WASHINGTON, DC, US — The US ethanol industry is set to lose $10 billion in sales due to the coronavirus (COVID-19) pandemic and a crude oil glut and nearly 50% of production is currently offline, according to an analysis by the Renewable Fuels Association (RFA).
“Roughly half of the ethanol industry is shut down today, as fuel demand has collapsed in response to COVID-19, and it is clear we have a long and bumpy road to recovery ahead of us,” said Geoff Cooper, president and chief executive officer of the RFA. “Corn demand and prices have plummeted as plants have idled, jobs are being lost, and rural communities are being destabilized.”
Social distancing and stay-at-home orders have dramatically reduced fuel consumption, and thus ethanol consumption. Ethanol use is down 50% compared to this same time a year ago.
At the same time, a glut in oil caused prices to plummet steeply on April 20 with a barrel of oil dropping to negative territory.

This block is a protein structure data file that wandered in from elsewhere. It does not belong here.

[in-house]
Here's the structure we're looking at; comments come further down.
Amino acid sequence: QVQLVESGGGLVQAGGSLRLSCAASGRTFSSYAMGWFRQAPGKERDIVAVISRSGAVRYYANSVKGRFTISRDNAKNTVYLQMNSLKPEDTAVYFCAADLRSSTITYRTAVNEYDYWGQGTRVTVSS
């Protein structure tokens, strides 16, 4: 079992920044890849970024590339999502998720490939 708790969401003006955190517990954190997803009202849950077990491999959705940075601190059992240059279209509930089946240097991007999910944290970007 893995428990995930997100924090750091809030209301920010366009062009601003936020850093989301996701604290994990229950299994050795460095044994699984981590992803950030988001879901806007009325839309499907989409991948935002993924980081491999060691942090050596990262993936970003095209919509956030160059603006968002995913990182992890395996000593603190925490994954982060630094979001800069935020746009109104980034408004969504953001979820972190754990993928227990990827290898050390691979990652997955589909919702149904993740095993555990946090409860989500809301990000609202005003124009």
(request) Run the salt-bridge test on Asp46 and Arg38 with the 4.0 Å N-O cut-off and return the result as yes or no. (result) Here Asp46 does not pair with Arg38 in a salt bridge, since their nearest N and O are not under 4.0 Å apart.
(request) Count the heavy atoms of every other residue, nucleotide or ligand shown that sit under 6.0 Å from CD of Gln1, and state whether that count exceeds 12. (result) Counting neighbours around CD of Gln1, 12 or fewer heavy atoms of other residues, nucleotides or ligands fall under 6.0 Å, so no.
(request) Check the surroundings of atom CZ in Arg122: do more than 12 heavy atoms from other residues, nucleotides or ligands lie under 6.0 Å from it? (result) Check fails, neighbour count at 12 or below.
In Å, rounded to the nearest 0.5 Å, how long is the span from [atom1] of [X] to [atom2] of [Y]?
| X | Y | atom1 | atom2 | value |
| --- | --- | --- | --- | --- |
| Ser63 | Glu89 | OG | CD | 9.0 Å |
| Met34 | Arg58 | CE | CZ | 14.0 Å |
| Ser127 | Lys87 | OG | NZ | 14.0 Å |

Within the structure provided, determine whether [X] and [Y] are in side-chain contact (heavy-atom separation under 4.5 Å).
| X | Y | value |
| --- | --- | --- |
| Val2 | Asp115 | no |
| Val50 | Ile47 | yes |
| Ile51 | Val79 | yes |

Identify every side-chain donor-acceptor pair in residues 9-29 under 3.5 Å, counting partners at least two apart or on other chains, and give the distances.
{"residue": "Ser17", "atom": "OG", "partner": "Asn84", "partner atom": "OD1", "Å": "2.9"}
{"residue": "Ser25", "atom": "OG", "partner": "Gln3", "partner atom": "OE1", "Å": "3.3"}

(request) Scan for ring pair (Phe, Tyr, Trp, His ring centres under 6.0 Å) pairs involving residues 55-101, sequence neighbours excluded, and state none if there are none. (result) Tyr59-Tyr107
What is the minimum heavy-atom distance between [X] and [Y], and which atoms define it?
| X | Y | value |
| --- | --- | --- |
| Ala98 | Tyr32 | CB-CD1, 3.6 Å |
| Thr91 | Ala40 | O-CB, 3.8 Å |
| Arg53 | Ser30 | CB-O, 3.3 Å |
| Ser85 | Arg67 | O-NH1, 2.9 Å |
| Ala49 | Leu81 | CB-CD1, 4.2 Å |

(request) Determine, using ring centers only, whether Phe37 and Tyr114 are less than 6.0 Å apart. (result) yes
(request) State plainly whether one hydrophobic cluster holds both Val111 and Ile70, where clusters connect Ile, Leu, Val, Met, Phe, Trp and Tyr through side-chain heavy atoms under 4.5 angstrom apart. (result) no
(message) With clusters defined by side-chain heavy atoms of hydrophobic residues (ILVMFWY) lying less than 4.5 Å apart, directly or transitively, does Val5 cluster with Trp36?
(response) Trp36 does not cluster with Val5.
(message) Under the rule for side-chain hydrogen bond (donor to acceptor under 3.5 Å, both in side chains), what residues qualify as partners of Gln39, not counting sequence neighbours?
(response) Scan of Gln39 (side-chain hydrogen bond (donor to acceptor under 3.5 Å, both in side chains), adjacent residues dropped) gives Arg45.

In response to declining usage, ethanol production could drop by 3 billion gallons for the year as a whole, a nearly 20% reduction.
As of April 20, about 70 ethanol facilities with an annual production capacity of 6.1 billion gallons have been completely idled and nearly 70 more have reduced their operating rates by a combined 1.9 billion gallons. In total, at least 46% of total production capacity is offline, and only one-third of facilities are operating anywhere close to capacity, the analysis said.
“This cutback is unprecedented in its depth and speed,” the RFA said.
Ethanol prices are also down. Spot prices in Chicago have fallen from $1.40 per gallon at the end of 2019 to 85 per gallon in early April.
“With ethanol inventories rising to record levels and the expectation that consumption will be slow to return, ethanol prices are likely to continue to be suppressed in the coming months,” the RFA said.
The combination of lower production and falling prices is expected to cause ethanol sales to plummet by $10.5 billion, or 46%. These impacts will have ripple effects throughout the broader US economy, notably in the agriculture sector, the RFA said.
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